Lawrence uses the web as an example that huge innovations happen when there is no control to resources – Aaron Swartz as Tim Berners-Lee believed in that. If the Web was created to be an environment of freedom and to provide access to information, making the world more equal and a better place to live in, what exactly changed? In his other book, Free Culture, Lawrence contextualizes this issue explaining that the laws were changed in order to support the interests of big media. He said “this is not a protectionism to protect artists. It is instead a protectionism to protect certain forms of business.” (Lessig, 2005).

Some companies adopted the idealized concept of “free”, but behind the screens they have architected a huge organization of data monetization, what Shoshana Zuboff calls “surveillance capitalism”. This form of information capitalism was created by Google and spread quickly to other companies, such as Facebook, becoming the default model in the digital world (Zuboff, 2019). The data collected by these companies are used not only to offer advertisements according to your recent navigation, but also to produce predictions of human behaviour.  

In academia, the Open Access Movement is a huge step towards the web idealized by Tim, Aaron and Lawrence as well. A web with real free platforms, which provides equal access to knowledge, a “space of one’s own”.

“Open access is a publishing model for scholarly communication that makes research information available to readers at no cost, as opposed to the traditional subscription model in which readers have access to scholarly information by paying a subscription (usually via libraries).” (“What is open access?,” no date)

Week 5: Discuss: GLAM – and Open GLAM 

As everything it touches, technology is changing the way we experience culture, and the text ‘Understanding the Impact of Digitisation on Culture’ introduces the agenda of discussions around the impact of the Web, Big Data and AI on culture (Concil of Europe, no date). 

Although used interchangeably, the terms ‘Digitization’ and ‘Digitalization’ are, in practice, completely different. While ‘Digitization’ is the move from paper-based or, as the Gartner says, from “analog to digital form” (Gartner, no date), ‘Digitalization’ is the redesign of analog activities within a digital environment following the FAIR principles and leading to an improvement of processes and user experience (Murphy, 2020). Furthermore, there is the term ‘Digital Transformation’, which I would say is the final goal of a Digitalization project. In other words ‘Digitization’ is the first step which allows ‘Digitalization’ and this, if well executed, will lead to ‘Digital Transformation’.

The text ‘Reaping the Benefits of Digitisation’ discusses alternatives on how museums can make profit from their digitised collection to address the funding crisis and add value to the visitors experience. They explore the use of some technologies, such as image recognition and Print-on-Demand automation, using a mobile application to interact with the visitor. The benefits of such digitalisation are unquestionable, it not only increases accessibility to the collection, but also provides new ways of interaction with the public and generates revenue income. 

The study is very interesting and has great insights. Some suggestions are made to improve the conversion rate, such as adding more payment methods. But I would also suggest that the login should be one of the latest steps, as this is a huge barrier in the navigation process. An A/B test will show that more precisely, but normally each step added decreases the conversion, mainly if it involves complex decisions, such as data provision. I believe visitors should be able to navigate freely through the app and only when and if they want to purchase something, then the login is required. This would widen the conversion funnel as well as increase the final conversion rate.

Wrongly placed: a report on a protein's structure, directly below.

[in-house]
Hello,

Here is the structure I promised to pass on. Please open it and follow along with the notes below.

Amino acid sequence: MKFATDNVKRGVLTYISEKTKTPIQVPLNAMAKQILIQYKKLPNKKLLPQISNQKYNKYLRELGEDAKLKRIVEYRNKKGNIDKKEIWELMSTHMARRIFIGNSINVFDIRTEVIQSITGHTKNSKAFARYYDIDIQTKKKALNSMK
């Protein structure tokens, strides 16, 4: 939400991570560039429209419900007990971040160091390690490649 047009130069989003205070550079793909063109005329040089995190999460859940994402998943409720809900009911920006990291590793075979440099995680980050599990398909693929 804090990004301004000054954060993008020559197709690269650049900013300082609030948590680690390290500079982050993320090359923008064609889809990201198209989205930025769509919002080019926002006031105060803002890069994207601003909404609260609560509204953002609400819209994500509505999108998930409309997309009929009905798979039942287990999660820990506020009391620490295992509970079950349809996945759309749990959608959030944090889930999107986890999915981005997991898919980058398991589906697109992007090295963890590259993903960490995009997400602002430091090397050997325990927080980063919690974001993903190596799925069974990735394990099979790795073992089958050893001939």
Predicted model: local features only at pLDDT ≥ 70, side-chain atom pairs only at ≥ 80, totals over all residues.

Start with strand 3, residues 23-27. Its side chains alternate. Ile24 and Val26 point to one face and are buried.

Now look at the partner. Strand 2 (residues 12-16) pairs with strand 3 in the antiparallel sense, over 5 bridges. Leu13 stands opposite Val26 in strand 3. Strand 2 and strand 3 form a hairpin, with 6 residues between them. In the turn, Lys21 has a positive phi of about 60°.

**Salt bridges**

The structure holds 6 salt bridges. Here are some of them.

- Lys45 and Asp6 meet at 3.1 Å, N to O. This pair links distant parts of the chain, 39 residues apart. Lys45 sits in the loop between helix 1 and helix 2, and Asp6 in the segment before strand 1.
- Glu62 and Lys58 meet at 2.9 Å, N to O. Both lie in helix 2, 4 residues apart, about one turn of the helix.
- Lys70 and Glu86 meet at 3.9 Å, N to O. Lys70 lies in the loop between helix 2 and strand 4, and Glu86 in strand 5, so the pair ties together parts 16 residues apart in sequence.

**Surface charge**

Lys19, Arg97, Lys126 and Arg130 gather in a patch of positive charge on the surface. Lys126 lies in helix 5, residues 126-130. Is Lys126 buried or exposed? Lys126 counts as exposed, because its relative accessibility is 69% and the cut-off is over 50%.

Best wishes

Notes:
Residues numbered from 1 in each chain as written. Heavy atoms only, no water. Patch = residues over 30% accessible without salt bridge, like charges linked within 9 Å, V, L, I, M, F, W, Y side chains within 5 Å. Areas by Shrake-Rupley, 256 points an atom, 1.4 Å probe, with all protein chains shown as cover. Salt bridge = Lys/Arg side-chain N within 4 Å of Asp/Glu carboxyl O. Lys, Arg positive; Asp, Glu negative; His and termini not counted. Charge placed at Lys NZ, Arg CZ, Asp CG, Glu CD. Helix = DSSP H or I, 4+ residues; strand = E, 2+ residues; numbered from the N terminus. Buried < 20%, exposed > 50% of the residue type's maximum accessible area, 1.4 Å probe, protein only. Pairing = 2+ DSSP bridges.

The same relutance to the digital that happened in the GLAM sector also happened in the business sector. At the begining the retailers believed that if they implemented an online sales channel, the physical stores would lose their customers. But then, we discovered what seems obvious nowadays: it actually reached people that the physical store were not able to reach. Later, through the implementation of omnichannel solutions, such as click and collect, it was created a crosschannel experience bringing customers from the online to the physical. Now with smartphones and social media, the retailers without an ecommerce are doomed to fail. 

The fund issue can be seen as a huge oportunity to the field transform itself and be able to survive to the Digital Age.

Week 10: Response to J McGann – Marking Texts (2004)

The text introduces many concepts that are new to me and as others have already mentioned here, this was a challenging reading. I completely agree with Sthefanie who said that it seemed McGann was “being purposely difficult”, maybe to create the need for his text to be decoded using close reading techniques. 

While the markup code has the goal of storing objects and making them easier to be found and accessed, their analytic function is limited because of the premise that text is an “ordered hierarchy of context objects.” In other words, McGann says that electronic markup codes can be useful for archive purposes, but they don’t have the ability to execute autopoietic operation, which is so important for humanities scholars. Therefore, he stresses the importance of improving digital tools so they can do what TEI (Text Encoding Initiative) by itself cannot do, to “transform data into knowledge”. Finally, the projects McGann mentioned, IVANHOE and Time Modelling, were developing tools that could fill this gap.